Sorbet Mix


Preparation info

  • Difficulty


Appears in

Frozen Desserts

By Francisco Migoya

Published 2008

  • About


  • 1955 g / 4 lb 4.96 oz water
  • 2102 g /4 lb 10.14 oz sugar
  • 909 g / 2 lb .06 oz glucose powder
  • 35 g / 1.23 oz Sorbet Stabilizer Mix


  1. Combine 10 percent of the sugar with the sorbet stabilizer mix. Mix thoroughly.
  2. Place the water, remaining sugar, and the glucose powder in a pot over high heat. Stir constantly using a whisk.
  3. When the mix reaches 40°C / 104°F, slowly pour in the sorbet stabilizer and sugar mixture as you stir. If the mixture is poured in too quickly, the stabilizer will clump up and therefore not work.
  4. Continue stirring until the mixture reaches 85°C / 185°F. At this temperature the stabilizers will fully hydrate and the sugars will dissolve completely.
  5. Take the pot off the heat and transfer the liquid mix to an ice bath. Let the mix cool down completely before you add it to the main ingredient.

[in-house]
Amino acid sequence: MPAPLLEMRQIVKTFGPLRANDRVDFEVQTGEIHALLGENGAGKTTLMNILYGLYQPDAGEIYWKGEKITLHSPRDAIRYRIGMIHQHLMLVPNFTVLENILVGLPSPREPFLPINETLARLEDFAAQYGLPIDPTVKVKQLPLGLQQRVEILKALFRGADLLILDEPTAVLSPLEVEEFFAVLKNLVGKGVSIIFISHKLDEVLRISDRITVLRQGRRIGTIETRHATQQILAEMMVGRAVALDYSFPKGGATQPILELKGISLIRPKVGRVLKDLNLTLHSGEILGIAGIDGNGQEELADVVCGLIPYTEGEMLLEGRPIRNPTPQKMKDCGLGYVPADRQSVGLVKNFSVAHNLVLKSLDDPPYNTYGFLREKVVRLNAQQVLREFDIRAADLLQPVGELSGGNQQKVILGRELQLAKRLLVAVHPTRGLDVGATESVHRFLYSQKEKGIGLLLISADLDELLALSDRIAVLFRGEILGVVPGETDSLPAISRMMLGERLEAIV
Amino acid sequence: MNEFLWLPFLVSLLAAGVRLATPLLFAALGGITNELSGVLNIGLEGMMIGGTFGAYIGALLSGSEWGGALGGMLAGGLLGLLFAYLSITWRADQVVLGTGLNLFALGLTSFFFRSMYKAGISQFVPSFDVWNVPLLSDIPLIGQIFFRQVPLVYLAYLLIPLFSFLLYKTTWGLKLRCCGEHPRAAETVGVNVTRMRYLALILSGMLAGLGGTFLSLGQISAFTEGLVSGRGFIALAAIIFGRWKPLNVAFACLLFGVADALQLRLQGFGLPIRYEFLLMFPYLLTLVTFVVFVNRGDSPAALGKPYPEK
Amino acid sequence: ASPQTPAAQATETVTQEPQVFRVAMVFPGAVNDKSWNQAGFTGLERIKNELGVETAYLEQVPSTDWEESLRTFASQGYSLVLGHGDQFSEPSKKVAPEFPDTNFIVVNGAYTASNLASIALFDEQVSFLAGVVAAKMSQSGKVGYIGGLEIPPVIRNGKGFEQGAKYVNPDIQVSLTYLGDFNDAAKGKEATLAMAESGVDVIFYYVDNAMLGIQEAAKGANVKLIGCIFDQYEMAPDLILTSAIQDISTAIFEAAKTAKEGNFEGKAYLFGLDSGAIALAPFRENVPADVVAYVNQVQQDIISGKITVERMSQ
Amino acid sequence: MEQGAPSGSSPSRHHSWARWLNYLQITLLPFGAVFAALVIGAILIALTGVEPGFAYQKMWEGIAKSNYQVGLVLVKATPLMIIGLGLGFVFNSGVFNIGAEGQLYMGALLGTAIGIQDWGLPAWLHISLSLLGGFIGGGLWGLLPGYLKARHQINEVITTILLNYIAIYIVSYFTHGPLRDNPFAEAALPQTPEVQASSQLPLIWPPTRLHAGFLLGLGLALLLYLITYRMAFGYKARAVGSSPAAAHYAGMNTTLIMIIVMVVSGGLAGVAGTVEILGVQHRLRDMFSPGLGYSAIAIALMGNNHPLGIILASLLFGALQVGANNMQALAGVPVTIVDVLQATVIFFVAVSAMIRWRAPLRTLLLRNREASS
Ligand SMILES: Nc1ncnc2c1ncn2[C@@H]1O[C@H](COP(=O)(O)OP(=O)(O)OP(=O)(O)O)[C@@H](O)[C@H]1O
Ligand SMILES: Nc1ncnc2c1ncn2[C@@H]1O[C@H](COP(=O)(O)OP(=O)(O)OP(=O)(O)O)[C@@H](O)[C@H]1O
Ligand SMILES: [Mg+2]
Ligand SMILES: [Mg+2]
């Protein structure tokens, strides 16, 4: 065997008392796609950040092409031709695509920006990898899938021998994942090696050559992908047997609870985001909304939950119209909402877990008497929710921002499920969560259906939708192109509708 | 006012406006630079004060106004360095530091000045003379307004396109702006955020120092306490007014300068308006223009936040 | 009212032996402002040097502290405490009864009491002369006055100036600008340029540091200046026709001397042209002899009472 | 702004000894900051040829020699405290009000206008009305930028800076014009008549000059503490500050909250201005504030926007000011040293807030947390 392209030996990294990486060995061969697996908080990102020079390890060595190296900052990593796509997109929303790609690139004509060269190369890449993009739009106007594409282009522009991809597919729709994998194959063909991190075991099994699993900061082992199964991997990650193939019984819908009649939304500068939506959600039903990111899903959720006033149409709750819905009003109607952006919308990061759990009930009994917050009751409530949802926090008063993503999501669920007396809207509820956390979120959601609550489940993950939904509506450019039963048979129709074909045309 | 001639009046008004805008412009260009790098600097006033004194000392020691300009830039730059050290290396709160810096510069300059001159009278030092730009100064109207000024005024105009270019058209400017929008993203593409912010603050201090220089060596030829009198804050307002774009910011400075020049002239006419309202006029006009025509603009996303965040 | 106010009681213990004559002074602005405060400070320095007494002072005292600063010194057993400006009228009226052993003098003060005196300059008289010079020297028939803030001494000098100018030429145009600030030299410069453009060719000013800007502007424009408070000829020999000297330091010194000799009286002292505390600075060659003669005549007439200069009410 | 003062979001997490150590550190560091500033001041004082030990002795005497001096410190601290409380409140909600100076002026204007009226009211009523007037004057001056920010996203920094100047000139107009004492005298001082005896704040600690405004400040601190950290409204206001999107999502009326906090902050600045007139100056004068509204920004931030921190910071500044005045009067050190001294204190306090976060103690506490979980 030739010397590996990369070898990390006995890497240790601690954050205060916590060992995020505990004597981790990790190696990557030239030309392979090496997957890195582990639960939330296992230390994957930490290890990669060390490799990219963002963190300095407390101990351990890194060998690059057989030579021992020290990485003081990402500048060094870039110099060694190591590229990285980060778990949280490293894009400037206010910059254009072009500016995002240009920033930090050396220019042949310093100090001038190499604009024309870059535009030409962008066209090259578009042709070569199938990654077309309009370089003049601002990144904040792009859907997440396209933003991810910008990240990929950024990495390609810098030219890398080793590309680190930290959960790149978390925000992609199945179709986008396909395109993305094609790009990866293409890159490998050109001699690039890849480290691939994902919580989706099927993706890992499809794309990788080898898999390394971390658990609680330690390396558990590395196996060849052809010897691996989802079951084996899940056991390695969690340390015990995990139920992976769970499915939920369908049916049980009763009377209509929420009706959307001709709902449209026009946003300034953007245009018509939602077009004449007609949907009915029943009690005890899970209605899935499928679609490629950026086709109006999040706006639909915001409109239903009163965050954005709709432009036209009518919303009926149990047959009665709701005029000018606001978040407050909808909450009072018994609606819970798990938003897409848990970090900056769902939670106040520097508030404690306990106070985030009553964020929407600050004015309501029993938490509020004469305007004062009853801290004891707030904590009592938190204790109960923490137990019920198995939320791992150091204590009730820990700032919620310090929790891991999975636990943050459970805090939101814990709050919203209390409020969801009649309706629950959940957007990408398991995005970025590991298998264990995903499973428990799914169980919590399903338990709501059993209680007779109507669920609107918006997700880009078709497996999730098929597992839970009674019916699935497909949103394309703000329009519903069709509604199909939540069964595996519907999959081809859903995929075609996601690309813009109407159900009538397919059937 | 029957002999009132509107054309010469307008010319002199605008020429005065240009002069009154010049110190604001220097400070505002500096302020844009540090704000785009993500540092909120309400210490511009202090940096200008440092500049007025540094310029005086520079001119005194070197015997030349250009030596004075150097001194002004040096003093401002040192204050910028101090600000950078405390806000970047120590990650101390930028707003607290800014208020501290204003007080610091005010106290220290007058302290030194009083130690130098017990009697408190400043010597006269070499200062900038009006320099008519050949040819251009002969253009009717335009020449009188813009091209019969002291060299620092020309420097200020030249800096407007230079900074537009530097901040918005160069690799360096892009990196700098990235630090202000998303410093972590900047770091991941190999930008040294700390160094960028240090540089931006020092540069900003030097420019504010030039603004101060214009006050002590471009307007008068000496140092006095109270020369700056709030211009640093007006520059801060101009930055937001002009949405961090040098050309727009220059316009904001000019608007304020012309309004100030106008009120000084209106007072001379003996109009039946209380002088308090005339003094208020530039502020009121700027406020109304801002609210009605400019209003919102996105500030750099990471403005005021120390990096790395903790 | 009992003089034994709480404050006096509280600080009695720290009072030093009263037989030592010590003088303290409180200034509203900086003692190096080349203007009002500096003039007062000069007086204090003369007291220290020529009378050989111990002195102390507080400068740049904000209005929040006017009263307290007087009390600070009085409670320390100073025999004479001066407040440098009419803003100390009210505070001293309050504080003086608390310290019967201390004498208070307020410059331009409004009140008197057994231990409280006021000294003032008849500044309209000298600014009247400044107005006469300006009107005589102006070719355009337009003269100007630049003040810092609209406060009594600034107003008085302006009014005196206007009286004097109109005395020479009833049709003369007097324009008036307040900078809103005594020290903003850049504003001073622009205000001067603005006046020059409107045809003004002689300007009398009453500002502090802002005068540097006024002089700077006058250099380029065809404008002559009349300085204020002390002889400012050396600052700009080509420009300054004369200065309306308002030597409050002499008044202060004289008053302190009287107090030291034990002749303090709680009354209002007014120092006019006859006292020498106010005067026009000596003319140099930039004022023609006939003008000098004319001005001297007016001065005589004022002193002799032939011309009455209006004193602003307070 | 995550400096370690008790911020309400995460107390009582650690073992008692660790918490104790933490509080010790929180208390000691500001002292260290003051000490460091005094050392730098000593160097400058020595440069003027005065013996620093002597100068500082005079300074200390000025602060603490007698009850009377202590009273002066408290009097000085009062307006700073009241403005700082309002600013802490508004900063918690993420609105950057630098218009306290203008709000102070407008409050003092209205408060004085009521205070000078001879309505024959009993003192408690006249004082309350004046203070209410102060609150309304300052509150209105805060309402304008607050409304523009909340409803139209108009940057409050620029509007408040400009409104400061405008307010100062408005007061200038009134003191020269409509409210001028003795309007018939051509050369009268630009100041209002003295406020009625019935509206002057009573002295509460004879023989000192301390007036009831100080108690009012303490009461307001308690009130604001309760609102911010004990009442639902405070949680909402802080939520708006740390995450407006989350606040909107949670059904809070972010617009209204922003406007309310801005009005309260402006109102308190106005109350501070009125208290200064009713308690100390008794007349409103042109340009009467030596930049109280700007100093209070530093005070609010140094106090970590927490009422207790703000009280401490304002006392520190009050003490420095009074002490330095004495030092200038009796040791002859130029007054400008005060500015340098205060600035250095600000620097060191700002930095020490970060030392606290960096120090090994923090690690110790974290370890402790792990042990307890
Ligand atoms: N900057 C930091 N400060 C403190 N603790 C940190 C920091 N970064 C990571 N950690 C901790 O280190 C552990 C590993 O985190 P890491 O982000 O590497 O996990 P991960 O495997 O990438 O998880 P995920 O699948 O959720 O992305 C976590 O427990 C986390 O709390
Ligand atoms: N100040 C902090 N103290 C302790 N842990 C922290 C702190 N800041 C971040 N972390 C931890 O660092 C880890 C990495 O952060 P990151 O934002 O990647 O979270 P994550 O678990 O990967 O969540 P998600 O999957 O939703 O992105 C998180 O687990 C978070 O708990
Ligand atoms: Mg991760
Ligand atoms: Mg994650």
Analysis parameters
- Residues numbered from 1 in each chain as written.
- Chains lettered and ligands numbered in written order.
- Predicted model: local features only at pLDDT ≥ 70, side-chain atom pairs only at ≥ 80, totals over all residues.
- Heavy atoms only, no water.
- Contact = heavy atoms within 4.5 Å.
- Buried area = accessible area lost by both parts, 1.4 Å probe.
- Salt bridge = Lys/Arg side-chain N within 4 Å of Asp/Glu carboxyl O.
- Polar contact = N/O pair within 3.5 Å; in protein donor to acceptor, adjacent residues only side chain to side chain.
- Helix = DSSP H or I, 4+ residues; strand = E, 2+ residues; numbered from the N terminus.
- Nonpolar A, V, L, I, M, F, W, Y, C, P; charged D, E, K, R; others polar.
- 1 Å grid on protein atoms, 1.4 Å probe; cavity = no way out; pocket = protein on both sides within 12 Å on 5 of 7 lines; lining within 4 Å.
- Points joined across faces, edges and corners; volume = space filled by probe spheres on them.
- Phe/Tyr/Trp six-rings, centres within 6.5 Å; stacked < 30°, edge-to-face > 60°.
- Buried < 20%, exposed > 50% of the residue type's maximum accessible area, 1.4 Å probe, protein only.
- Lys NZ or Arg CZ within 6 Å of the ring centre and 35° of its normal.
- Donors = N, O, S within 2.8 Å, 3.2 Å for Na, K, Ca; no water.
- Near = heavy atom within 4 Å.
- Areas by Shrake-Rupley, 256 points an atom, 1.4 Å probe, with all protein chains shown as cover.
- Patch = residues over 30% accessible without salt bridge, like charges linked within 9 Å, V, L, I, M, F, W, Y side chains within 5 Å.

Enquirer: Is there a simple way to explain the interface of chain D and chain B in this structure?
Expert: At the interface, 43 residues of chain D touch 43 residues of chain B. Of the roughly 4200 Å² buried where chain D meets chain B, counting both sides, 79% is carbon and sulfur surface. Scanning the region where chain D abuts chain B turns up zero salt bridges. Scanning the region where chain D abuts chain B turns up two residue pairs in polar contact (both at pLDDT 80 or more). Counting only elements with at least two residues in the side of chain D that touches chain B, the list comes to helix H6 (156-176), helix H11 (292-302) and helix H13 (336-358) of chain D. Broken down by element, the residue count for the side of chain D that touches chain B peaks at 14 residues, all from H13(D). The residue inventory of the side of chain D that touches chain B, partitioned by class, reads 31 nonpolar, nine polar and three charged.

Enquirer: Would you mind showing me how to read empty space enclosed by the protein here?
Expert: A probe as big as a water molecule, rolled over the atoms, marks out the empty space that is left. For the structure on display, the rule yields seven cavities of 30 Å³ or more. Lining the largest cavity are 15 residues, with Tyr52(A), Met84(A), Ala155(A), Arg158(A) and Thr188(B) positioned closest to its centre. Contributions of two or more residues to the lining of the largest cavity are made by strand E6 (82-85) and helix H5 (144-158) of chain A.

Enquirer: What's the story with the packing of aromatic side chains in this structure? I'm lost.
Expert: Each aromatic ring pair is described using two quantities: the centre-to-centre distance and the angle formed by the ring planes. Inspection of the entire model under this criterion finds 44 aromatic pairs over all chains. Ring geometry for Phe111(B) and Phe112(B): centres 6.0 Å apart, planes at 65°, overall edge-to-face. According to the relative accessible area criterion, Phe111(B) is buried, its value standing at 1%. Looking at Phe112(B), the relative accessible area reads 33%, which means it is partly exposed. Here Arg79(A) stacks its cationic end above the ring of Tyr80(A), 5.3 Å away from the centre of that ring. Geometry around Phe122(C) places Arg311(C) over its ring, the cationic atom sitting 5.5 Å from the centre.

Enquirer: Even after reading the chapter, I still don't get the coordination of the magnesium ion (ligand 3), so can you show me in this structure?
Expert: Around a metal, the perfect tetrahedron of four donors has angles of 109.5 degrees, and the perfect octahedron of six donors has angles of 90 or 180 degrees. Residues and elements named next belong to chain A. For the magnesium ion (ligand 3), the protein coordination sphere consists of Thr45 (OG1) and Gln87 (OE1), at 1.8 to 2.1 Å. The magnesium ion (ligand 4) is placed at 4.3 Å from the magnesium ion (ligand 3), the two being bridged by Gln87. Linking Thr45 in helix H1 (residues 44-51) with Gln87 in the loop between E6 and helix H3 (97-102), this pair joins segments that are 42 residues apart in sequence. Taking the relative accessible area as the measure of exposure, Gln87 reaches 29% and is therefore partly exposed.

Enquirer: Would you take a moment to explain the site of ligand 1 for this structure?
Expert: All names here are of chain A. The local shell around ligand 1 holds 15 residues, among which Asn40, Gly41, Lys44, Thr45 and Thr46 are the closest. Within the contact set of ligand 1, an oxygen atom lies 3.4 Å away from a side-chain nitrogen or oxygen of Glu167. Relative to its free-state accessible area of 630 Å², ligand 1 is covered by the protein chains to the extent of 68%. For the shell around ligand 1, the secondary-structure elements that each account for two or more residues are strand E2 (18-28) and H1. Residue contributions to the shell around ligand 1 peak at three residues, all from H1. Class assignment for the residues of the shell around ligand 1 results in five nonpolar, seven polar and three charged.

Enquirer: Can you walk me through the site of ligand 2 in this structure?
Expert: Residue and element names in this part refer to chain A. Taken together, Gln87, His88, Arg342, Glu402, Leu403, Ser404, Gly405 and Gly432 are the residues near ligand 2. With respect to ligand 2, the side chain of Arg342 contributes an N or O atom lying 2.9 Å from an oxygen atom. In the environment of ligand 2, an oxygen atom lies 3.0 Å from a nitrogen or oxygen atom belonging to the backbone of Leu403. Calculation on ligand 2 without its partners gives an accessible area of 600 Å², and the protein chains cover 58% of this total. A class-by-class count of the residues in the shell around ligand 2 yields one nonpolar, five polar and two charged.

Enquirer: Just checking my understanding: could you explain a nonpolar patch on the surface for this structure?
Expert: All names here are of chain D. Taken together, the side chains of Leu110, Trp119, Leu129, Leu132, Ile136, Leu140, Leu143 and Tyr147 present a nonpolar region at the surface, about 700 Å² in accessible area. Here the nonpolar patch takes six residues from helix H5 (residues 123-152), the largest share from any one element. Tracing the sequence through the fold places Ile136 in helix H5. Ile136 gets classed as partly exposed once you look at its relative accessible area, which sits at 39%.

6. Once you have combined the sorbet mix with the main ingredient and water, let the mix “mature” or age for at least 2 hours and up to 6 hours, which is ideal. This will give the stabilizers and sugars time to bind with the main ingredient to produce a high-quality sorbet.
  7. Churn the sorbet base and transfer to a –10°C / 14°F freezer.
  8. Let the sorbet harden for 2 to 4 hours before serving. Reserve for service.

Because there are stabilizers present, the recommended machine to churn sorbets made with this method is a batch freezer. A Pacojet will also produce an excellent product, and there is the added benefit of pacotizing as many beakers as you need before service without having to do so at different times during the day, because the stabilizers will maintain the sorbet’s integrity.